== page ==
I love the Ask a Manager blog for two reasons: the advice and the stories. The stories told by letter writers are undoubtedly what makes the blog so addictive - I once spent a whole Saturday reading about helicopter parents berating their children''s employers and digging through 20 pages of updates. But I never leave the site feeling like I''ve wasted my time or indulged in some guilty pleasure - I feel smarter, wiser, and more sympathetic. And that''s because of Alison''s amazing advice - which usually comes down to knowing what to say, how to say it, and when to say it. This book takes a decade of advice spread out over thousands of posts and condenses it into a 300 page reference guide. The stories are mostly gone, but you quickly realize you don''t miss them; the advice is what matters, and it''s worth its price in gold to have it all in one place.
14 people found this helpful
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Jourdan
5.0 out of 5 starsVerified Purchase
Not the Blog but Great and Useful!
Reviewed in the United States on May 5, 2018
As other reviewers have noted, this book is quite different to the blog. If you are expecting a stockpile of weird letters, move on (not that I wouldn’t enjoy the hell out of that, but this book is not that). These scripts are elegant, clean, and to the point.... See more
As other reviewers have noted, this book is quite different to the blog. If you are expecting a stockpile of weird letters, move on (not that I wouldn’t enjoy the hell out of that, but this book is not that).

These scripts are elegant, clean, and to the point. The only thing I would have done differently if I were to read it again would be to pace myself—I got stressed out sometimes imagining myself in all these situations! This book will be on my shelf for a long time, and I’m planning to order more copies for friends and family.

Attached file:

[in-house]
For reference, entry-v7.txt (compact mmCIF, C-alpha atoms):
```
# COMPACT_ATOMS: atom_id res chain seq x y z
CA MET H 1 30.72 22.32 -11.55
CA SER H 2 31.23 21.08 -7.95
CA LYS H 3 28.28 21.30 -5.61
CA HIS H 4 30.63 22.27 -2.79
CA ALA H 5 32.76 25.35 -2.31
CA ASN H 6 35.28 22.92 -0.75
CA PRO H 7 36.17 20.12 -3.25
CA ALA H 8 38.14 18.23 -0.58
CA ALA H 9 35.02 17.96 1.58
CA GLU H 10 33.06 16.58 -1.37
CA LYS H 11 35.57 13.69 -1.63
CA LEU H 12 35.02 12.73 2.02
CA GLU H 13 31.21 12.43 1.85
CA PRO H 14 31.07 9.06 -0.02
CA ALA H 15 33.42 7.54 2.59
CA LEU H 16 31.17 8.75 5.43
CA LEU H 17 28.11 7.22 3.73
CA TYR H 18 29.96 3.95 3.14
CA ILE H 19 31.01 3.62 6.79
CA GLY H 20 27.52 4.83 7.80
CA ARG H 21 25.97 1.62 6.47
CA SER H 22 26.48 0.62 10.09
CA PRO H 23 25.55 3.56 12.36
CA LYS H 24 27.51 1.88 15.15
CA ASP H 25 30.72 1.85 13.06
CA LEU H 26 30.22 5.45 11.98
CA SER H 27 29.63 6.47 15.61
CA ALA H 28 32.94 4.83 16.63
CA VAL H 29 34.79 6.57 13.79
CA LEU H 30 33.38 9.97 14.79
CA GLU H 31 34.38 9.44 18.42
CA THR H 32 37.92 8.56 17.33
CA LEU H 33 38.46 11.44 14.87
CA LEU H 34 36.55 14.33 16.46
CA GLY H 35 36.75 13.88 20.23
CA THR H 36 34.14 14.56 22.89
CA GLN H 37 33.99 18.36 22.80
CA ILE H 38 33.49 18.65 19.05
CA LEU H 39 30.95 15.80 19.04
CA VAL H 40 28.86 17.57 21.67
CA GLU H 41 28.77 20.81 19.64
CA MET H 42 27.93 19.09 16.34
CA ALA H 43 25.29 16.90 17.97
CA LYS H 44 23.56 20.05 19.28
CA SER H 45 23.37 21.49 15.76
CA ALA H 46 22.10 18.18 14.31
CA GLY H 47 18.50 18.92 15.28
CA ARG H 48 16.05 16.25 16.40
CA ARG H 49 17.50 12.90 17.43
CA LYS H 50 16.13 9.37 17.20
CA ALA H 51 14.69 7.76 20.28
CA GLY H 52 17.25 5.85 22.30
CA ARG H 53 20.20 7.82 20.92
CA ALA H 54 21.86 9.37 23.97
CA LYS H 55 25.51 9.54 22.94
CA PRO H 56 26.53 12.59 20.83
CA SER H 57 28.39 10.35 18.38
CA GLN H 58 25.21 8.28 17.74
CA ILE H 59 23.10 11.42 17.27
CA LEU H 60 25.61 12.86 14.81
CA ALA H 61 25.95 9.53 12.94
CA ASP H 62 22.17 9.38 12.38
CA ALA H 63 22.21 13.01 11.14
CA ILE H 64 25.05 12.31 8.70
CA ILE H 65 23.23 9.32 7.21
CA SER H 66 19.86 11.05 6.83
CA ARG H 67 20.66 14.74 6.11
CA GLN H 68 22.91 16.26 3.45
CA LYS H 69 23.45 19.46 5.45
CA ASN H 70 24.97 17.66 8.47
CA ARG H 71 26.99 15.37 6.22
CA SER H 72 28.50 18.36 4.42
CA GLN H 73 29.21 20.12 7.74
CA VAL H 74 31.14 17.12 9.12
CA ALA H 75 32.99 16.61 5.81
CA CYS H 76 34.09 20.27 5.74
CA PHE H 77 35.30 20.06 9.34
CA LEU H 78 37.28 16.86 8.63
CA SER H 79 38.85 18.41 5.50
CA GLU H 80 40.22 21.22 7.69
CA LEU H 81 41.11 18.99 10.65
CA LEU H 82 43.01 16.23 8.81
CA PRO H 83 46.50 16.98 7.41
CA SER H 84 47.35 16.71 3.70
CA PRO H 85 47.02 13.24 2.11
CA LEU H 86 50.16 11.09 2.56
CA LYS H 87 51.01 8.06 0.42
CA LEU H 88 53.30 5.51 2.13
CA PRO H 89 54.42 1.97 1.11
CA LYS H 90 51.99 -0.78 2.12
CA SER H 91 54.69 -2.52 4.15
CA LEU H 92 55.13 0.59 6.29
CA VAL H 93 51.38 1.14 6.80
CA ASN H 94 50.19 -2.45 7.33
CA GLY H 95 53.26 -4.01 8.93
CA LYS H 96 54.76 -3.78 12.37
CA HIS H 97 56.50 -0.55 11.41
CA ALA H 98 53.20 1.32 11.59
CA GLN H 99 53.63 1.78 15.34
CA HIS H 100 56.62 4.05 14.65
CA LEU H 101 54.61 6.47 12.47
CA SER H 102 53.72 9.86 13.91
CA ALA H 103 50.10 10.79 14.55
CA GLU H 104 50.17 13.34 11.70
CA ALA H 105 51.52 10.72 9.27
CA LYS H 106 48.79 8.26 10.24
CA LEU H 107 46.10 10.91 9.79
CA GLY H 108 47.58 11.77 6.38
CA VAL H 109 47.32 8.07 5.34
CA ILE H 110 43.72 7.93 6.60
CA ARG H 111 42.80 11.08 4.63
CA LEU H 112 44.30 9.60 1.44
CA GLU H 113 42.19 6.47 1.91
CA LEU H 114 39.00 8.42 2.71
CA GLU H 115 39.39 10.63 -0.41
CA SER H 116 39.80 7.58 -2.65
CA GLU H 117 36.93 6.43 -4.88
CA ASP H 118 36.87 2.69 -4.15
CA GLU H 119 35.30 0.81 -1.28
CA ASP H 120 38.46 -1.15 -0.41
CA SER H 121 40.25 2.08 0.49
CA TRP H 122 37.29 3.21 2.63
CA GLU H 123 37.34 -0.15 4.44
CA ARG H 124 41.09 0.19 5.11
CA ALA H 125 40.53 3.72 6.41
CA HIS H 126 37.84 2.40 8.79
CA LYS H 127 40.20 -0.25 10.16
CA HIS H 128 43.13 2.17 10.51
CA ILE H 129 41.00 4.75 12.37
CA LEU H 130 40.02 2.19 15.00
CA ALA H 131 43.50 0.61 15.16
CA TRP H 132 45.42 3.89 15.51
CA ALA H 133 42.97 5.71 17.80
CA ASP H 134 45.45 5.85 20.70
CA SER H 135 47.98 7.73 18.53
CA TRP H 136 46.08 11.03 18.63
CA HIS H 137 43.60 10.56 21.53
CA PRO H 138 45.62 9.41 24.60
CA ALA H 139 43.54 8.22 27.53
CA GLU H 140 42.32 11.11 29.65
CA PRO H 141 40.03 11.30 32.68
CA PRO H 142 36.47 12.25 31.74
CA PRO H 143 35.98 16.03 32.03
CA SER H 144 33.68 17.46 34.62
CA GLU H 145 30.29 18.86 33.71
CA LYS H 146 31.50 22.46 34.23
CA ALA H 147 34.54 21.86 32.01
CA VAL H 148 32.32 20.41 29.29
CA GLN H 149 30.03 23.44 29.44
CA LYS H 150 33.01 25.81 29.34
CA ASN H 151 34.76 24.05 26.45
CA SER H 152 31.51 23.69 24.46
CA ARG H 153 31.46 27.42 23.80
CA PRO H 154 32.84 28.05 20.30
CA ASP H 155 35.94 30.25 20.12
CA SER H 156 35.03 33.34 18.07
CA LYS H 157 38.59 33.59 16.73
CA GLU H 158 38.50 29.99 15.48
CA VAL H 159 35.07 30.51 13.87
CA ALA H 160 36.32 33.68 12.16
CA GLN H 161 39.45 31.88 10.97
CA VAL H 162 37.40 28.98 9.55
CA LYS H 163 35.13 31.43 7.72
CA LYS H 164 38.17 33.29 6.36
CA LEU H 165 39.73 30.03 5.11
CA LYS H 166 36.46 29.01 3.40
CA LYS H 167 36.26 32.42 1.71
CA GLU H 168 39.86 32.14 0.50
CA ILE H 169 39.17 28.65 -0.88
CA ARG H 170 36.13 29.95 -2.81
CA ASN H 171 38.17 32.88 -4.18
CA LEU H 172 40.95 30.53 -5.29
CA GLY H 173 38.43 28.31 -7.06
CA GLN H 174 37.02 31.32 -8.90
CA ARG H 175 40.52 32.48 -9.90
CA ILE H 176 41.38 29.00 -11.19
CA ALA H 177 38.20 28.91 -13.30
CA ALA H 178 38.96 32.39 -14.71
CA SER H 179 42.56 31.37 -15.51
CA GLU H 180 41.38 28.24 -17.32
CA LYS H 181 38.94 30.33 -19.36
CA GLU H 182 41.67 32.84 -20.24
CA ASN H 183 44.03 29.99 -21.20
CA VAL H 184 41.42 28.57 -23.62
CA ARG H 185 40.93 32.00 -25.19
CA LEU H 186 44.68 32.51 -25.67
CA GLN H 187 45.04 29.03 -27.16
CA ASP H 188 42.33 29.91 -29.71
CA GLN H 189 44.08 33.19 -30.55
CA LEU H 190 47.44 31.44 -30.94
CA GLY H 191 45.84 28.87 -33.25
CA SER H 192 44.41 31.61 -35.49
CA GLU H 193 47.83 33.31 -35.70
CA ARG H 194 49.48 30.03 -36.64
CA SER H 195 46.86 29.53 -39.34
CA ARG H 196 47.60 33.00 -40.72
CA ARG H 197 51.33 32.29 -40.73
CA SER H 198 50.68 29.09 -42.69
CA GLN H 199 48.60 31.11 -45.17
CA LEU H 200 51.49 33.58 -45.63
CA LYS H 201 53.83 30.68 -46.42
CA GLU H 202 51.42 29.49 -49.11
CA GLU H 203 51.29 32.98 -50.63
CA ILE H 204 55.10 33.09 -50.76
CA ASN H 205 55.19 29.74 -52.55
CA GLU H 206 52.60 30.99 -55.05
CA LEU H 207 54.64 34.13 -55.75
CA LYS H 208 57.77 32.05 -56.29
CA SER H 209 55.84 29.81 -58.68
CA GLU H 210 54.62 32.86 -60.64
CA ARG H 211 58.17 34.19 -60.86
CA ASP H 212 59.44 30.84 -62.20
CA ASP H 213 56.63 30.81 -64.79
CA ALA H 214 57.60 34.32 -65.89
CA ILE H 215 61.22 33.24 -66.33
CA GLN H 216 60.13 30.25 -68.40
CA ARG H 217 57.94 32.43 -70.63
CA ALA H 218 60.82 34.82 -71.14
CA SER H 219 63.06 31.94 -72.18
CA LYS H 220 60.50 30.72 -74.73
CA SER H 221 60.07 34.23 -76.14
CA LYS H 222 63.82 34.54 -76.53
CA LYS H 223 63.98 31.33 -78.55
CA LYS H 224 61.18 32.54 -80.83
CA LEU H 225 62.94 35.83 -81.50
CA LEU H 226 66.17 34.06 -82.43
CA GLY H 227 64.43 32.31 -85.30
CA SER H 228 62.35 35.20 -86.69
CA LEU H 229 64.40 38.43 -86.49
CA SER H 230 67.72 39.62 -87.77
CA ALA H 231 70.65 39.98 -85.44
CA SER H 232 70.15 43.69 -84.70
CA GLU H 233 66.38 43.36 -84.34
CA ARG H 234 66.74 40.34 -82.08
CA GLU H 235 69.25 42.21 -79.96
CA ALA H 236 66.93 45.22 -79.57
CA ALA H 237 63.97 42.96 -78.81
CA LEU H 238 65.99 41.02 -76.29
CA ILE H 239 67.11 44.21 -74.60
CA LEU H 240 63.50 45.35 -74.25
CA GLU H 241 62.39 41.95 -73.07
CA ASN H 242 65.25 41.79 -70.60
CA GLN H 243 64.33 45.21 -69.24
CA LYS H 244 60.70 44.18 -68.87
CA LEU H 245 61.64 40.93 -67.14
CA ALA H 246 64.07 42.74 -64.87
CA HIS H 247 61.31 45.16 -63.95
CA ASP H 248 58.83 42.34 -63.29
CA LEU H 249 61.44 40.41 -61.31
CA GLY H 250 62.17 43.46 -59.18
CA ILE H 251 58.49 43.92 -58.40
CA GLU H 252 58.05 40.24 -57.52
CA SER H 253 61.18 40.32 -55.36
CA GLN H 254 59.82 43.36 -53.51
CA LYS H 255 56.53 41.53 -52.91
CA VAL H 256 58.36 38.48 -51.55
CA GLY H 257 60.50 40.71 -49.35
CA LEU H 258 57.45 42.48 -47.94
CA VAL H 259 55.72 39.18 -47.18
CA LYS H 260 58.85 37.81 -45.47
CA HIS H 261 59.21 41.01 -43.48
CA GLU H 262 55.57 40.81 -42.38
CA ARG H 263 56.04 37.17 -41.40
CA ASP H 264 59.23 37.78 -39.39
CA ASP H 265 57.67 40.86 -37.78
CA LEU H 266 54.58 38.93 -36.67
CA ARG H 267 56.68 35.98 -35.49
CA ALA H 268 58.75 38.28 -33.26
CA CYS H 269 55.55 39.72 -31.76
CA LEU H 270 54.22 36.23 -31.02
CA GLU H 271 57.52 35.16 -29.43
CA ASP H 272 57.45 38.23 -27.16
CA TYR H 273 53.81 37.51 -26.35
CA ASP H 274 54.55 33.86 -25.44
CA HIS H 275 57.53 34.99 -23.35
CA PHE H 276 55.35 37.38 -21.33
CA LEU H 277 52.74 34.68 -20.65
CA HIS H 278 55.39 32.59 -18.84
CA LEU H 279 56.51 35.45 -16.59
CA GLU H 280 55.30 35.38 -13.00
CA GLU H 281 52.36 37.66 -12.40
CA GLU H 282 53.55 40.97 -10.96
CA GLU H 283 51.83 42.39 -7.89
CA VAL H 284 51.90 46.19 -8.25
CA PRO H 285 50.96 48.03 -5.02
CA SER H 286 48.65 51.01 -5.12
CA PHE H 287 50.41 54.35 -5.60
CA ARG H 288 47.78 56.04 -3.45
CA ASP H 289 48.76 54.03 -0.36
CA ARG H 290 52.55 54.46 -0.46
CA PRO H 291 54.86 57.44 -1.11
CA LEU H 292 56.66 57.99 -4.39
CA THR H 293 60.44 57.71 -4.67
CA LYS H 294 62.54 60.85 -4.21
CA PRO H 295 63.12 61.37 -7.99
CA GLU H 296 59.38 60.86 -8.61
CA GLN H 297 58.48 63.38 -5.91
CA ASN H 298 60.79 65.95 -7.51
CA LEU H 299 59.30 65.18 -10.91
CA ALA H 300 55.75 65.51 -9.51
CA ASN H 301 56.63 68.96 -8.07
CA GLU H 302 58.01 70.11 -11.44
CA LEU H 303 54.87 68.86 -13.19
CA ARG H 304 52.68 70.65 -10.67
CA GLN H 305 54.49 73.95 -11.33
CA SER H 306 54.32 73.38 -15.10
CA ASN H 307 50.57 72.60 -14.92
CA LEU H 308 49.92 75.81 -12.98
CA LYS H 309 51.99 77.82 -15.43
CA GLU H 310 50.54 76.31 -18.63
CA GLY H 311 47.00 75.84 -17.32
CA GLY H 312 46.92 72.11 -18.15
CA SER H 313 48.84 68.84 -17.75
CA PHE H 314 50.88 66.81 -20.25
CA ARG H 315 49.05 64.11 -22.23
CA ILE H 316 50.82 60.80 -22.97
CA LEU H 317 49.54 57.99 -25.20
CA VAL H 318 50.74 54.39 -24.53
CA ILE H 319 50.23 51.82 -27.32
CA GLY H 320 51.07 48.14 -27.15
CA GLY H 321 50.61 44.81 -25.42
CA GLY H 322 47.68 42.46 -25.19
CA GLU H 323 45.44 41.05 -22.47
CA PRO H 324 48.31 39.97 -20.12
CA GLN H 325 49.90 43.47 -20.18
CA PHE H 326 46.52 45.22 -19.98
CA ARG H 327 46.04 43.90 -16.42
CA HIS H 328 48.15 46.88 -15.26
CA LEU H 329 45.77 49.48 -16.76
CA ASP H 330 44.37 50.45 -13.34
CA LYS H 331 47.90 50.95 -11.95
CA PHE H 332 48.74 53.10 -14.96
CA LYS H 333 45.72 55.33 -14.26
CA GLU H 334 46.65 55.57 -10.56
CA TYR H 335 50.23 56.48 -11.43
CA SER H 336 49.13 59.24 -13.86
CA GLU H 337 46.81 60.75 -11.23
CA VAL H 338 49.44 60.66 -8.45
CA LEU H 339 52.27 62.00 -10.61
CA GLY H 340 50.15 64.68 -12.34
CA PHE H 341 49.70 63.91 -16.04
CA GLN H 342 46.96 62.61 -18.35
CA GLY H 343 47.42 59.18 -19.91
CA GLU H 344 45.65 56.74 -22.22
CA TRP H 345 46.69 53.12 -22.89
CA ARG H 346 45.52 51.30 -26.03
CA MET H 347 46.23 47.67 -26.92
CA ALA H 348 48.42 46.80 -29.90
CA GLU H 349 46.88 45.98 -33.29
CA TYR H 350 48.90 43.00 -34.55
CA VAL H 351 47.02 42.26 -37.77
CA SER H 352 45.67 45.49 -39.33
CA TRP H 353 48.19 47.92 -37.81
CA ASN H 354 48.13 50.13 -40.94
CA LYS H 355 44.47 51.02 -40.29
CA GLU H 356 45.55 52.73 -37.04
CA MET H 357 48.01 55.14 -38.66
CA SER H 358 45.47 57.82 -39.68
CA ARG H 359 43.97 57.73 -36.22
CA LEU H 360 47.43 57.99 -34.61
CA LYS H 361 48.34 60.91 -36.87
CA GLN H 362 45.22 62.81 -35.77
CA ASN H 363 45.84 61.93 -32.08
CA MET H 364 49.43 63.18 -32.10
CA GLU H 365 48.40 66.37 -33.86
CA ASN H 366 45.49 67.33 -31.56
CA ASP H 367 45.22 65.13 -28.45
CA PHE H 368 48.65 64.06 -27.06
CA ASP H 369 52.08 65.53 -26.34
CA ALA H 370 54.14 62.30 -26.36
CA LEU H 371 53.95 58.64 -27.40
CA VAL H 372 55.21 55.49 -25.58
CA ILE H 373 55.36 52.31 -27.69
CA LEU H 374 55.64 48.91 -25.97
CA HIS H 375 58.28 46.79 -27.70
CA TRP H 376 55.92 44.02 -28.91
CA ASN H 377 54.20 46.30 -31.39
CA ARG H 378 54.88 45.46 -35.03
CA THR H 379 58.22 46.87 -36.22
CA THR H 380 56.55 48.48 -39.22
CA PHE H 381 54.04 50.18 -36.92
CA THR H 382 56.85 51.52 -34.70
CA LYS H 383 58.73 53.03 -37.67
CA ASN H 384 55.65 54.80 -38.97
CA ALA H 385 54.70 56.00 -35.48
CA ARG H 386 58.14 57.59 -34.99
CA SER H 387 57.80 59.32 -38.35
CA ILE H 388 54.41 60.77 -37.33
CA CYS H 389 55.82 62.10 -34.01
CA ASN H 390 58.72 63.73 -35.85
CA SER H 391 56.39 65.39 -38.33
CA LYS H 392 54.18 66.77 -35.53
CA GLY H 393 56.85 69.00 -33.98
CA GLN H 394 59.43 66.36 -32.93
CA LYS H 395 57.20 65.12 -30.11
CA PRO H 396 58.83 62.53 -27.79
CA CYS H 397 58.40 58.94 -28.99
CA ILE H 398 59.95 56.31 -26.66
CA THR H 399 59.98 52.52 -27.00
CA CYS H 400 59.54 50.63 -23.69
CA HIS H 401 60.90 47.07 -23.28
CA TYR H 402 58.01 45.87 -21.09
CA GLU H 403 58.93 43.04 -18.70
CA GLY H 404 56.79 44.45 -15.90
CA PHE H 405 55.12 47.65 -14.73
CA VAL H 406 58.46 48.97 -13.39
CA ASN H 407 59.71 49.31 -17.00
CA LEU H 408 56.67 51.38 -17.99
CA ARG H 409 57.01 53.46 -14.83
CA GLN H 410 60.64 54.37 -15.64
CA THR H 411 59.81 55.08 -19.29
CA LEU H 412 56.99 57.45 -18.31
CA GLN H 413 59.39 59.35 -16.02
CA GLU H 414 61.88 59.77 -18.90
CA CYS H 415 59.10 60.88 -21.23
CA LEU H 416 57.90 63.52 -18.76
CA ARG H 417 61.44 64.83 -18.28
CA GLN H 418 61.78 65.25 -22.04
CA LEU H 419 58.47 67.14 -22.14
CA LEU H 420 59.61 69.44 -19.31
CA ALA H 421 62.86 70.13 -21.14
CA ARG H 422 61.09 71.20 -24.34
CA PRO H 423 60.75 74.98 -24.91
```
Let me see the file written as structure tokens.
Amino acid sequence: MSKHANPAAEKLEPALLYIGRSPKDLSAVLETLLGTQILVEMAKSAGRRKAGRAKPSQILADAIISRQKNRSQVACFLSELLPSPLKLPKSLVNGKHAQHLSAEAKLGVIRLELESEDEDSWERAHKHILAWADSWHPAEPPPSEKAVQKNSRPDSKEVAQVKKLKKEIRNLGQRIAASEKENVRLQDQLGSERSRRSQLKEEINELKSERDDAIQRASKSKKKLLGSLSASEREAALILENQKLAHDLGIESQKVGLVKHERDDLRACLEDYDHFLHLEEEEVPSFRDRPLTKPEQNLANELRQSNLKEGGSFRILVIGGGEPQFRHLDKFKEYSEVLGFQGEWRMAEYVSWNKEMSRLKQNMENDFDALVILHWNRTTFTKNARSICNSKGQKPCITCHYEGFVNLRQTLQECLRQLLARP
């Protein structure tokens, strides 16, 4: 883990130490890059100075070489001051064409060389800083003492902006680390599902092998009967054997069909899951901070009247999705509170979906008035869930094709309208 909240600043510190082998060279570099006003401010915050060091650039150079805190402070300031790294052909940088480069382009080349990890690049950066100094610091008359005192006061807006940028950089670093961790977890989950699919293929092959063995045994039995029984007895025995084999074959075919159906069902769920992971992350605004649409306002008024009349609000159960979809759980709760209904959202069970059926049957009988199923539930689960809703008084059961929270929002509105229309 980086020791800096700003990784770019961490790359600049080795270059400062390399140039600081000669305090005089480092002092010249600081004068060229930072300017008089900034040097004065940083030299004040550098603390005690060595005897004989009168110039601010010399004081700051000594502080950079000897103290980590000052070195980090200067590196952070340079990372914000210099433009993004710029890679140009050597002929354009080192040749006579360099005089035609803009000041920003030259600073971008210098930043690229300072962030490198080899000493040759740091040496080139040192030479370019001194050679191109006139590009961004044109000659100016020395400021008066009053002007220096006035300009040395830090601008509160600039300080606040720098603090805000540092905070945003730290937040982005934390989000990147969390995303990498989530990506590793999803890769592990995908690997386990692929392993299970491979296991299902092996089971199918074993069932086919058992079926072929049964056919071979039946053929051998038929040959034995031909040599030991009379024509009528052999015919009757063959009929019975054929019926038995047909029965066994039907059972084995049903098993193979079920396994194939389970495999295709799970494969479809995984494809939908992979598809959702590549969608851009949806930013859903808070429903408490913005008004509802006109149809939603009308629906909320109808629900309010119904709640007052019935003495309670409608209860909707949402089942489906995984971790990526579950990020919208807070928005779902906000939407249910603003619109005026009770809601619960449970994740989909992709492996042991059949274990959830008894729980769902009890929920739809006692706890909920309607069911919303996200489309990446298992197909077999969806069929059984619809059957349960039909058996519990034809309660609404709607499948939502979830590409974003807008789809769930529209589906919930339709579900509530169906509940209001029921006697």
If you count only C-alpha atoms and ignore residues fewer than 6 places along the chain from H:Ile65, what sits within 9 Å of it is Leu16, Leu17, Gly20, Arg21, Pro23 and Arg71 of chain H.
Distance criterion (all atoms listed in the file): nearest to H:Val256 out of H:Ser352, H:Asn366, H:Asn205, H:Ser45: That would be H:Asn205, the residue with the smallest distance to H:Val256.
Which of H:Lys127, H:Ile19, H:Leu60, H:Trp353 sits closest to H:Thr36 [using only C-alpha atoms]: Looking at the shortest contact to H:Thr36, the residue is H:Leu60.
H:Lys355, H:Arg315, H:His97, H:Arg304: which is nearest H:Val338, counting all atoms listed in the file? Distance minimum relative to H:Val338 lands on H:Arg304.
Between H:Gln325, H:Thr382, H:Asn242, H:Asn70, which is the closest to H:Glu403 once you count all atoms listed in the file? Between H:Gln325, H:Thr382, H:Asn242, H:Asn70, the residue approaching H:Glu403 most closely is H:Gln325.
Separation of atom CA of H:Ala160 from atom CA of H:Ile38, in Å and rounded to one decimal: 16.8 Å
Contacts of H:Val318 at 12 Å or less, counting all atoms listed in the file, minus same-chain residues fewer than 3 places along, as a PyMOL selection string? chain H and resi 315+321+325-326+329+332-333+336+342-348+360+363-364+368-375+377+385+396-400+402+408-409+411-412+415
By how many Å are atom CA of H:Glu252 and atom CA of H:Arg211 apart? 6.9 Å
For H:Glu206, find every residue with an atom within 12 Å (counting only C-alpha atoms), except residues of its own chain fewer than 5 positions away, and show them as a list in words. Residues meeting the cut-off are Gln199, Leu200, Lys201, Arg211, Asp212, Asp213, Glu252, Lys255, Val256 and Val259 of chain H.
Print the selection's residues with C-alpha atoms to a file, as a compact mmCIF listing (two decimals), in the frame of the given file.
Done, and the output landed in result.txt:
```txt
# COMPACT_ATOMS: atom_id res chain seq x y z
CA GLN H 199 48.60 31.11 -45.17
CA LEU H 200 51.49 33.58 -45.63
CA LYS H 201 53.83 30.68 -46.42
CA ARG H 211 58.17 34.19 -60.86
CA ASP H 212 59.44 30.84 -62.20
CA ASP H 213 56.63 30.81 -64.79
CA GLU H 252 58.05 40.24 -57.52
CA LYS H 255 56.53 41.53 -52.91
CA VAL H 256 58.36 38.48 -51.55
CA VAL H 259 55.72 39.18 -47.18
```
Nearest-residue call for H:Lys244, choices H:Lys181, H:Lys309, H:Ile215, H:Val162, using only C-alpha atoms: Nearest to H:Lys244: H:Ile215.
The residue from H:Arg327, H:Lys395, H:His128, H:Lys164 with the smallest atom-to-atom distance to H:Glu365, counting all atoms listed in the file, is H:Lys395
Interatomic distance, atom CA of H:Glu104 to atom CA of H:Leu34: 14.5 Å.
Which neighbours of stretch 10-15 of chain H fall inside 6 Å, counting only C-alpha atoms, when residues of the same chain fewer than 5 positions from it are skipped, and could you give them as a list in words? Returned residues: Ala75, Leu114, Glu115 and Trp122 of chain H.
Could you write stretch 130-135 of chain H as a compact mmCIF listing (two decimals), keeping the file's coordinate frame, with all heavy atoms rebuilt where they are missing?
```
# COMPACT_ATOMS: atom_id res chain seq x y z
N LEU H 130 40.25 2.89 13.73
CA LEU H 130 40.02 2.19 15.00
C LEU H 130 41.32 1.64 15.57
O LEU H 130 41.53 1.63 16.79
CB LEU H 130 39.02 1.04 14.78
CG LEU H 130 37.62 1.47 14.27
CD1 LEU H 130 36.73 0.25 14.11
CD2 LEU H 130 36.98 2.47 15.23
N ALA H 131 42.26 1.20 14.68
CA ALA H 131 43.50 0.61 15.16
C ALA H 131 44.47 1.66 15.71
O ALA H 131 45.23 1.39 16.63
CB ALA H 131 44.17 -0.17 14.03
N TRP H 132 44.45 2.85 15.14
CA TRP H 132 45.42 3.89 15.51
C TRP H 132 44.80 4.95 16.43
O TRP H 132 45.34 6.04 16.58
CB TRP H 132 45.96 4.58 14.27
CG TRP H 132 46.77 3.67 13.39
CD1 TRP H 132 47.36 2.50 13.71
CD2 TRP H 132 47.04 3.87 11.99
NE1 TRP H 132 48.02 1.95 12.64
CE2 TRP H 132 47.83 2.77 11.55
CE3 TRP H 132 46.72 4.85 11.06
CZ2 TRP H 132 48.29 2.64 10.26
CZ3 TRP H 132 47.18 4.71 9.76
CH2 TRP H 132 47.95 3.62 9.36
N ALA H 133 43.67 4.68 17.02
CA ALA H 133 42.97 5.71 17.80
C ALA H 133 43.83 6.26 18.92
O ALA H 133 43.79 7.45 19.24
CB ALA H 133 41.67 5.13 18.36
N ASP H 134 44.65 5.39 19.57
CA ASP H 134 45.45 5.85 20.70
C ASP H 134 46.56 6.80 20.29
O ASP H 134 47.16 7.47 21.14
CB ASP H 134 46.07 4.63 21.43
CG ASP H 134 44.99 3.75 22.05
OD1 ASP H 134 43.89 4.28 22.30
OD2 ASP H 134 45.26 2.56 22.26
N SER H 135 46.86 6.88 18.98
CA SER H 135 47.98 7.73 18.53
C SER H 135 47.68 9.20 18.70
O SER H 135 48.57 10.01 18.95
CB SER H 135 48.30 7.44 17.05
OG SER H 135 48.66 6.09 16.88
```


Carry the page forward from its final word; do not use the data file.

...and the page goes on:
22 people found this helpful
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Pacey1927
4.0 out of 5 starsVerified Purchase
Practical Advice
Reviewed in the United States on April 12, 2019
I love the Ask A Manager website run by the author of this book. It is such a fun hodgepodge of questions from people in work situations. Some of the advice is career minded: How to ask for that raise. What if you aren''t meeting expectations at work? How do I create an... See more
I love the Ask A Manager website run by the author of this book. It is such a fun hodgepodge of questions from people in work situations. Some of the advice is career minded: How to ask for that raise. What if you aren''t meeting expectations at work? How do I create an exceptional cover letter? And some is social etiquette concerns at work. Some of my favorites: "What to do when you boss keeps eating your lunch" and "Help! I just hugged the company CEO". As a manager myself, I recognize a lot of these situations in my day to day work life. Some are utterly bizarre but they really do happen. So I was more than eager to read this book. I enjoyed it overall. My one complaint is the format. There are a few letters from readers sprinkled through the book but they are pretty few and far between. The author mostly bunches items by subject and while it was still enjoyable to read and learn from, I think the book would have been more enjoyable and more effective if it was formatted with more actual letters like the ones from the website. I was a little disappointed that the snark and humor that comes across with this author''s vast experience and wisdom, did not come across as well in the book as it does online. Still this is a very practical and easy to read guide and the advice/recommendations are on point for all situations.